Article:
Prior to the recession, many homeowners were able to take advantage of generous lending options that often included financing as much as 100 percent of a home’s value. While this is great for a potential homebuyer who doesn’t have the money for a large down payment, it was risky for lenders. When the recession hit and home values dipped, homeowners without any equity found themselves in trouble, and in many cases lenders lost money from homes that were ‘underwater’. To remedy this situation, lenders now require the purchase of private mortgage insurance, or PMI, to protect against losses.
Who Pays PMI?
Any buyer who purchases a home with less than a 20 percent down payment will pay for private mortgage insurance. If you end up in foreclosure, the money paid protects the lender from losing money. Regardless of whether you are purchasing a new home or refinancing an existing mortgage, if you have less than 20 percent equity, you will pay PMI.
How Much Does it Cost?
The fees for PMI vary depending on the size of your down payment, your credit score, and the lender, but most will fall between 0.3 and 1.5 percent of the original loan, paid out per year. PMI has been tax-deductible in some years, but not all, so talk to an accountant at the end of the year for clarification if you want to try and deduct it. As mentioned, the lender will calculate an annual premium based on the original cost of your loan, then that amount will be broken down into monthly payments and added to your mortgage payment.
How Long Do I Have to Pay PMI?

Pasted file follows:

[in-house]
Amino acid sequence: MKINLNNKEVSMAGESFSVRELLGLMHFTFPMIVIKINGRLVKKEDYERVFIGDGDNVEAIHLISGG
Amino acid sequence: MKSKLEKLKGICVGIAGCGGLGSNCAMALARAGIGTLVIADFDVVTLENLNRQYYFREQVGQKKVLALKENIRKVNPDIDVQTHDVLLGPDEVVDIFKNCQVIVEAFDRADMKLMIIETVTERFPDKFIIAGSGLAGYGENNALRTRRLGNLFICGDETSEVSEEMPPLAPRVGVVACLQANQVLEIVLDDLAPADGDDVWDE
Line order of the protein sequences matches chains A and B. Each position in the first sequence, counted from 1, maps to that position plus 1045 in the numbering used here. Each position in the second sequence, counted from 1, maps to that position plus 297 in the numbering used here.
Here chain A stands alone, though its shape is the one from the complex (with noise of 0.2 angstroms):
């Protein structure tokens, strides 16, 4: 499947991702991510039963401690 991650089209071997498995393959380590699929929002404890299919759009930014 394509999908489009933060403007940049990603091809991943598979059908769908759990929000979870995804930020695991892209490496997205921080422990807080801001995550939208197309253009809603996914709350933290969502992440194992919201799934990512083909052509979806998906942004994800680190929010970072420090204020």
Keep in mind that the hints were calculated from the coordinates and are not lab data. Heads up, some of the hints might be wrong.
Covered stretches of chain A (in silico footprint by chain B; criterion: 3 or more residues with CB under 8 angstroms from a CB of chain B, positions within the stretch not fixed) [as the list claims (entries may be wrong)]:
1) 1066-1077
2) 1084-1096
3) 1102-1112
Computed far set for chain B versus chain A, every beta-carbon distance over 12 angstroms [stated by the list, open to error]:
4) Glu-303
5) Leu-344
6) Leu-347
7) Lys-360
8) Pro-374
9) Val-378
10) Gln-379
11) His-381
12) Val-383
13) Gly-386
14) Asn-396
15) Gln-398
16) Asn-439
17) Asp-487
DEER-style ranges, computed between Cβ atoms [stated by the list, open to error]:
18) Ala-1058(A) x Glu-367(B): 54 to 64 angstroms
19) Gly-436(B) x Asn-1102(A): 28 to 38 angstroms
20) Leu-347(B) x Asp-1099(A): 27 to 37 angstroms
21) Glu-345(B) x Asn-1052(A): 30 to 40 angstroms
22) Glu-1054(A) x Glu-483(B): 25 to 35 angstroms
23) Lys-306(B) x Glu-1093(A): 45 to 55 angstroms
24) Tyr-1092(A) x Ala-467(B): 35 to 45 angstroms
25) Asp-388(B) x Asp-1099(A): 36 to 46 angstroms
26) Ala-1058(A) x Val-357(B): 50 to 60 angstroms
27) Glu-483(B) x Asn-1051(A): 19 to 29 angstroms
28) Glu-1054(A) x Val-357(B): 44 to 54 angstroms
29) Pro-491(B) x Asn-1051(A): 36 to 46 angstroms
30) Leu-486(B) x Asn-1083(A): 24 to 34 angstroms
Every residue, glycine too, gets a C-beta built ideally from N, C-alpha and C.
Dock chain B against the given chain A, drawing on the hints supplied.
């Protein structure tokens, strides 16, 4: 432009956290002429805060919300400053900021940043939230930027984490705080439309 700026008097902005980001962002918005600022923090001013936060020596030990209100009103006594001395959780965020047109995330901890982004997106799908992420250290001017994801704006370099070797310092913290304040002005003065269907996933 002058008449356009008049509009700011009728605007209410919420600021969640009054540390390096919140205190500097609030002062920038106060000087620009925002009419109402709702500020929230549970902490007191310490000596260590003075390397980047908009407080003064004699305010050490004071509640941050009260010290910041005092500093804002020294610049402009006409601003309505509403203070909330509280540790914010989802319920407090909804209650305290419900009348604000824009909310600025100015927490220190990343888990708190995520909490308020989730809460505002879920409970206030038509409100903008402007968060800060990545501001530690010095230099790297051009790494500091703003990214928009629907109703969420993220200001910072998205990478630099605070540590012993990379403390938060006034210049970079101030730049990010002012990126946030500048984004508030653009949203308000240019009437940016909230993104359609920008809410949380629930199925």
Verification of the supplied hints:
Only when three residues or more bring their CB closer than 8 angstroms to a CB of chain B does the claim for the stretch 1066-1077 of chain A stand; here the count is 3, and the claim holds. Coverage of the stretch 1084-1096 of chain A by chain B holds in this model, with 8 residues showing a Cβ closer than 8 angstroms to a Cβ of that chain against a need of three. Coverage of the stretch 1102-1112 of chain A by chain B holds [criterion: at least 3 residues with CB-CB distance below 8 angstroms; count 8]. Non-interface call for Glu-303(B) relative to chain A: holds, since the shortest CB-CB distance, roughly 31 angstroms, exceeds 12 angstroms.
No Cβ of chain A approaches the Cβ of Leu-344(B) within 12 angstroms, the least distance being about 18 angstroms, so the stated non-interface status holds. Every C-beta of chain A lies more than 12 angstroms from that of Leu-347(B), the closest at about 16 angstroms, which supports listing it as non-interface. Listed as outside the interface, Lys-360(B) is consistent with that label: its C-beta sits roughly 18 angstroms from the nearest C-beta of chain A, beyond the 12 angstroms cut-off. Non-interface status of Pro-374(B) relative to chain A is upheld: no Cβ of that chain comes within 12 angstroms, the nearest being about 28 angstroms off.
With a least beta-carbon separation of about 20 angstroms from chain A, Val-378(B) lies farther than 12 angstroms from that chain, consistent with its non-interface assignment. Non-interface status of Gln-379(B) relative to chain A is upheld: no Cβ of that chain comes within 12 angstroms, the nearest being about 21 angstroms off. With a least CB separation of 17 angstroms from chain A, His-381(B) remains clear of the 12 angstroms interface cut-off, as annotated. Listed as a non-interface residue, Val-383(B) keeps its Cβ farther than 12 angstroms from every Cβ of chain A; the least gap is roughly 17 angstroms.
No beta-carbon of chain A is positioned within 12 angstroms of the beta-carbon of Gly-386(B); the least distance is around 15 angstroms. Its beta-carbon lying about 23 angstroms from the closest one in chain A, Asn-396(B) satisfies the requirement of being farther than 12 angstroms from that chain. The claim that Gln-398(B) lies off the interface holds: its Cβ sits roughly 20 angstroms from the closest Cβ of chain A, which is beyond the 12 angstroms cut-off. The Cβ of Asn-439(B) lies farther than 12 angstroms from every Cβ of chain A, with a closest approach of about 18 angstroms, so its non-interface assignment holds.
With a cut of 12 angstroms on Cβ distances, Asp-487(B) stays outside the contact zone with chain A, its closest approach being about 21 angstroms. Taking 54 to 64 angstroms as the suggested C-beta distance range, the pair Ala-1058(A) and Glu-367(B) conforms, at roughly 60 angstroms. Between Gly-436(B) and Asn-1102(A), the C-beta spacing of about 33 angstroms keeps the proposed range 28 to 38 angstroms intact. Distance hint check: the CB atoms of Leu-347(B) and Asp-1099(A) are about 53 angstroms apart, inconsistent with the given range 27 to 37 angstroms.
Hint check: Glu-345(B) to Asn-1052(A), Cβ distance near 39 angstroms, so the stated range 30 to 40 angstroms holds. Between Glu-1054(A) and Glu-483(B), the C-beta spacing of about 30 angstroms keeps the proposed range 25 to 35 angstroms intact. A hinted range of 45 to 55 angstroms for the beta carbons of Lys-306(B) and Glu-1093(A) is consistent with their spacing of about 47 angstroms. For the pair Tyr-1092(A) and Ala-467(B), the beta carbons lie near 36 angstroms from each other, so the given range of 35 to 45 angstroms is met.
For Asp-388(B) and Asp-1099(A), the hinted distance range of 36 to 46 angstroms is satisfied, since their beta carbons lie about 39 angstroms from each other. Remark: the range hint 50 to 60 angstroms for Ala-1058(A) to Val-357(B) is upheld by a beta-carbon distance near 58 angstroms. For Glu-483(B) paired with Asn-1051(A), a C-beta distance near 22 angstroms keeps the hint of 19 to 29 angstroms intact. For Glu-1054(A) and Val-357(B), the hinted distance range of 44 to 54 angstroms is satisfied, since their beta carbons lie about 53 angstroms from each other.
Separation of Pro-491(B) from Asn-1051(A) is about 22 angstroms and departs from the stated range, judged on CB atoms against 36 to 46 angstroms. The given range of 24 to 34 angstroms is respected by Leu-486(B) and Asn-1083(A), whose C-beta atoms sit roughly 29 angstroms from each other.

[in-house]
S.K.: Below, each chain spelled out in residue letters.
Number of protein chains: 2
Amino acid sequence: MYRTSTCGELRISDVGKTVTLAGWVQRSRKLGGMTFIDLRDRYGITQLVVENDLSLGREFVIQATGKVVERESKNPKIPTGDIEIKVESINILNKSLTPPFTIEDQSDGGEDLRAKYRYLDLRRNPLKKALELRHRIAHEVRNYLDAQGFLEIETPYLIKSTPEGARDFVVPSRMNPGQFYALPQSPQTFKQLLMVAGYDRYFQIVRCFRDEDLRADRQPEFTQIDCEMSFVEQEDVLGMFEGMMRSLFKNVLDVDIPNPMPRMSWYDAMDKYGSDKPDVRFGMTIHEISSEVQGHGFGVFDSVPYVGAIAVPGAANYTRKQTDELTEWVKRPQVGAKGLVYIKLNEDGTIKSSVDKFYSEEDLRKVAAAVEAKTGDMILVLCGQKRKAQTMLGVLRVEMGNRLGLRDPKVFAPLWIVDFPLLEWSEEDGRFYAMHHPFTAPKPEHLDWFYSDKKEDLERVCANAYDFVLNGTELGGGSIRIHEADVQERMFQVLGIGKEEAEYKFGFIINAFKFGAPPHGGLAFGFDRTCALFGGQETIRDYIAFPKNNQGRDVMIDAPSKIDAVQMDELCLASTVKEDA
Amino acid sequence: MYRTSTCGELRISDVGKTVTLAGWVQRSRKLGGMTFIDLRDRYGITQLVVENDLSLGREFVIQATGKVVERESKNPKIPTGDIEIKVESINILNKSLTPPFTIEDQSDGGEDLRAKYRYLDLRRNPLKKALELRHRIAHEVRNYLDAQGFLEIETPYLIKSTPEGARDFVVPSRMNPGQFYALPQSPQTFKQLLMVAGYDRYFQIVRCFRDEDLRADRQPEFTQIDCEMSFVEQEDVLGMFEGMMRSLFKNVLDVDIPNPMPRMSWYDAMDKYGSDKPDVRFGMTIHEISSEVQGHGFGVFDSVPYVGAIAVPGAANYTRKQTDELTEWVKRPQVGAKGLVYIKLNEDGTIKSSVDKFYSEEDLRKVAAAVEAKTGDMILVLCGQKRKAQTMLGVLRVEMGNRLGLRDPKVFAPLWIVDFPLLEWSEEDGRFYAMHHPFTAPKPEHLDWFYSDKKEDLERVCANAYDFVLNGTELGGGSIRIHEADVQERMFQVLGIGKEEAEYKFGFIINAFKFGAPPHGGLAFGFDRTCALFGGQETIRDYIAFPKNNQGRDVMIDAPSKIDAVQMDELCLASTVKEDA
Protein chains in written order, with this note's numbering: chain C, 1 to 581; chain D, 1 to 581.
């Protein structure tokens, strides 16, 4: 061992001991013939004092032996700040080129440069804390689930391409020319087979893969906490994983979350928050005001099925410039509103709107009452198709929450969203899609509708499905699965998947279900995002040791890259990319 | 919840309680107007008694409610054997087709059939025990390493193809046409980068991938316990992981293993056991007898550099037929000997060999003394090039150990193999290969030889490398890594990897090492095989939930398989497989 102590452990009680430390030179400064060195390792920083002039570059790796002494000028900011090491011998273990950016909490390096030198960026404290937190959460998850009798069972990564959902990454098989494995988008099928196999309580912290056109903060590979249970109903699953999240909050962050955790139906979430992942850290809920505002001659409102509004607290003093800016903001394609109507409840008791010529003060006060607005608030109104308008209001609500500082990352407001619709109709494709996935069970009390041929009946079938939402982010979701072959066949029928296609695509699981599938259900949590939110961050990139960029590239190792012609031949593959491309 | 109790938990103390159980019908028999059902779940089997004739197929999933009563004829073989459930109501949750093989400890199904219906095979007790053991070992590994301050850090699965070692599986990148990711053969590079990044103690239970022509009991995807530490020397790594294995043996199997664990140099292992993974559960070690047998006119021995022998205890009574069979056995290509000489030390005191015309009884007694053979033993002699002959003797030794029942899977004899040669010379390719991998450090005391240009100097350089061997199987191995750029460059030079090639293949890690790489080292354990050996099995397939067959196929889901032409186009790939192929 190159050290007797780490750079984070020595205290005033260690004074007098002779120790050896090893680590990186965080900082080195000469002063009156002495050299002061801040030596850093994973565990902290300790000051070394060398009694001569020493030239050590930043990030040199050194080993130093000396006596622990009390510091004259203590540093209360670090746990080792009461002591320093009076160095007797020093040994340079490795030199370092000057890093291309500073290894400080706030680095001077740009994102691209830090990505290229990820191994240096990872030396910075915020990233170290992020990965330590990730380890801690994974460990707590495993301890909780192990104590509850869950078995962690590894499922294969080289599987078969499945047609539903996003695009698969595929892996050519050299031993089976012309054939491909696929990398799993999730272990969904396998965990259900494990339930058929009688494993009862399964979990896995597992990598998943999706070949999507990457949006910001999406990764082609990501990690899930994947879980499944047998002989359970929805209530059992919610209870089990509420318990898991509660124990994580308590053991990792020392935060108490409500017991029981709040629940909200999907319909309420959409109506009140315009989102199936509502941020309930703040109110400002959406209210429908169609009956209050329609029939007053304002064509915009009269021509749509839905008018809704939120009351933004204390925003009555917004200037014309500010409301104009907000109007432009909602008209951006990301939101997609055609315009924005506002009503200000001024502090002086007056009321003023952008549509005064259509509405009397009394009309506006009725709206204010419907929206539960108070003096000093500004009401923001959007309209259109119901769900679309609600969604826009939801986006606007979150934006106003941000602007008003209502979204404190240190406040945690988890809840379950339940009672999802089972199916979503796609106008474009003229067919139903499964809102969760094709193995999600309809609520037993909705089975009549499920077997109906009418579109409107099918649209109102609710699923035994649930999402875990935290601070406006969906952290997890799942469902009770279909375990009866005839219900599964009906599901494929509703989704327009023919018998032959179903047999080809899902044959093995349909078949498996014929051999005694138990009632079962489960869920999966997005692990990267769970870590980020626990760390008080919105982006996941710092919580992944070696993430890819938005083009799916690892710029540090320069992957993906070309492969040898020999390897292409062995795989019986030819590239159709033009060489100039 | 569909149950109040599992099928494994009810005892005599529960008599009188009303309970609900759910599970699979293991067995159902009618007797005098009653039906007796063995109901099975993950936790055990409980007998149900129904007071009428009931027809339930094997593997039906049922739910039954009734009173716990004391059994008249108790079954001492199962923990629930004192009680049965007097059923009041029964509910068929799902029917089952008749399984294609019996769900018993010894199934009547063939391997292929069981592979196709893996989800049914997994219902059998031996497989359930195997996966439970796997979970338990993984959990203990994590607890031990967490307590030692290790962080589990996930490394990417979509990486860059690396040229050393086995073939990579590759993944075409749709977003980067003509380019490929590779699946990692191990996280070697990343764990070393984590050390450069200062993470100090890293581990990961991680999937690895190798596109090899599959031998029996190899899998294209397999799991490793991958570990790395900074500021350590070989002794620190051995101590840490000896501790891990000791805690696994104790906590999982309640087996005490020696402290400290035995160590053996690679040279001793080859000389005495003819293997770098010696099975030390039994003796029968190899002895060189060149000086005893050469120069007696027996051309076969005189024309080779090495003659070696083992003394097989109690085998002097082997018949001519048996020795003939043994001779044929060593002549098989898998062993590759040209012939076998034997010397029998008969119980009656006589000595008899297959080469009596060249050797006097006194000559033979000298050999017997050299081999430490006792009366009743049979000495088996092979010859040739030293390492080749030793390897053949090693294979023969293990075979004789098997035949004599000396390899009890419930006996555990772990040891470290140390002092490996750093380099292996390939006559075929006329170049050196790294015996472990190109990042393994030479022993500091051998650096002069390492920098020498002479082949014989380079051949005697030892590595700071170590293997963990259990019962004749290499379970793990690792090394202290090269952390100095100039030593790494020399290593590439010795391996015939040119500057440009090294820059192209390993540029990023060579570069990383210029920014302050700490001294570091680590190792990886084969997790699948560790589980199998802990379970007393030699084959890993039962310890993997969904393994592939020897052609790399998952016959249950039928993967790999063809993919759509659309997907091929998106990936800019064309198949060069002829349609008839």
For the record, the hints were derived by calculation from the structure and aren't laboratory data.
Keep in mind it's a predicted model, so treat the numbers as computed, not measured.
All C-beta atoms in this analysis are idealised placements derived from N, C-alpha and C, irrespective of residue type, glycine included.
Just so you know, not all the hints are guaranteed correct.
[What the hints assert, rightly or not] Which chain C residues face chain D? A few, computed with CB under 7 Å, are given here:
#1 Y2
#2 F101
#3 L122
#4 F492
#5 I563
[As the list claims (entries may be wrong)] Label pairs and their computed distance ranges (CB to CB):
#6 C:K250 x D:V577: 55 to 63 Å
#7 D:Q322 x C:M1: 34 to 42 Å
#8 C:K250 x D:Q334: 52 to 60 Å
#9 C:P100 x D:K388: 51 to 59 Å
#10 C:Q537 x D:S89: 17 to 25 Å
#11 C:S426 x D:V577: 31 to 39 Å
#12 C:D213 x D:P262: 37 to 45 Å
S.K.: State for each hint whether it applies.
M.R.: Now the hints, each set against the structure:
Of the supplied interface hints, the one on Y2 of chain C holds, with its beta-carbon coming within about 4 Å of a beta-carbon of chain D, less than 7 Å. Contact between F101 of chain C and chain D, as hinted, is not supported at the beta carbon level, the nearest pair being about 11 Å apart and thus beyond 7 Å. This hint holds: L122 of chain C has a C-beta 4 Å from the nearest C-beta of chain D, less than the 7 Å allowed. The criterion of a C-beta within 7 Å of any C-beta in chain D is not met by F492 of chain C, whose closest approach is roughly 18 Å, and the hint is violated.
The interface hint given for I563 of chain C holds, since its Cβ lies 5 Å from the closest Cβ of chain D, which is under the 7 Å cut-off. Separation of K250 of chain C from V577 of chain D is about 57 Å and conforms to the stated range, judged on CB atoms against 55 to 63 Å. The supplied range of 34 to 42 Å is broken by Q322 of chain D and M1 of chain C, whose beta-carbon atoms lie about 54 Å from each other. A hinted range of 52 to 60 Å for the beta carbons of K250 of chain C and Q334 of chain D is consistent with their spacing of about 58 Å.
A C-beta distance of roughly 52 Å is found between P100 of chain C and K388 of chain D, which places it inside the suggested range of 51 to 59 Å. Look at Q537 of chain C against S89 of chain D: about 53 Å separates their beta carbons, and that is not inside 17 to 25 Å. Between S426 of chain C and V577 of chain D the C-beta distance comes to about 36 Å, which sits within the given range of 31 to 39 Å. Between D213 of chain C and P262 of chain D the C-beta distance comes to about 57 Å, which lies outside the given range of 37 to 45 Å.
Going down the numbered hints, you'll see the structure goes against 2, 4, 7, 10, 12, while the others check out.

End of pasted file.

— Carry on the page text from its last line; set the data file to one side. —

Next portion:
There are rules in place that specify that a lender must cancel your PMI automatically when the balance of your loan drops to 78 percent of the home’s original value, but since home loan are structured to pay a significant portion toward interest at the beginning of the loan, it may take some time to pay down 22 percent of the loan’s principal value. You can also speed up that process by requesting that your lender cancel the PMI when you have 20 percent equity in your home, rather than waiting until you have 22 percent and the lender must cancel it automatically.
In some situations you may be able to cancel PMI if home values rise significantly in your area, and/or if you refinance and you have at least 20 percent equity with the new loan. Talk to your lender about this to find out if you are eligible in these cases.
Are There Benefits to PMI?
Generally speaking, private mortgage insurance is designed to protect the lender in case you stop making payments on your home, but PMI can be beneficial to homeowners because it can allow you to get qualified for a loan that you would otherwise not be able to afford without a 20 percent down payment. It can also help you qualify for a loan at a lower interest rate than if you were to get a conventional loan with a low down payment and no PMI (those usually have higher interest rates). The trade-off is that you will be paying a higher monthly payment that includes PMI until you have 20 percent equity.
For some lenders, there are better options than conventional loans with PMI, so talk to a lender about VA loans or FHA loans, or see if there is someone who is able to lend you the 20 percent down payment that you can pay back over time.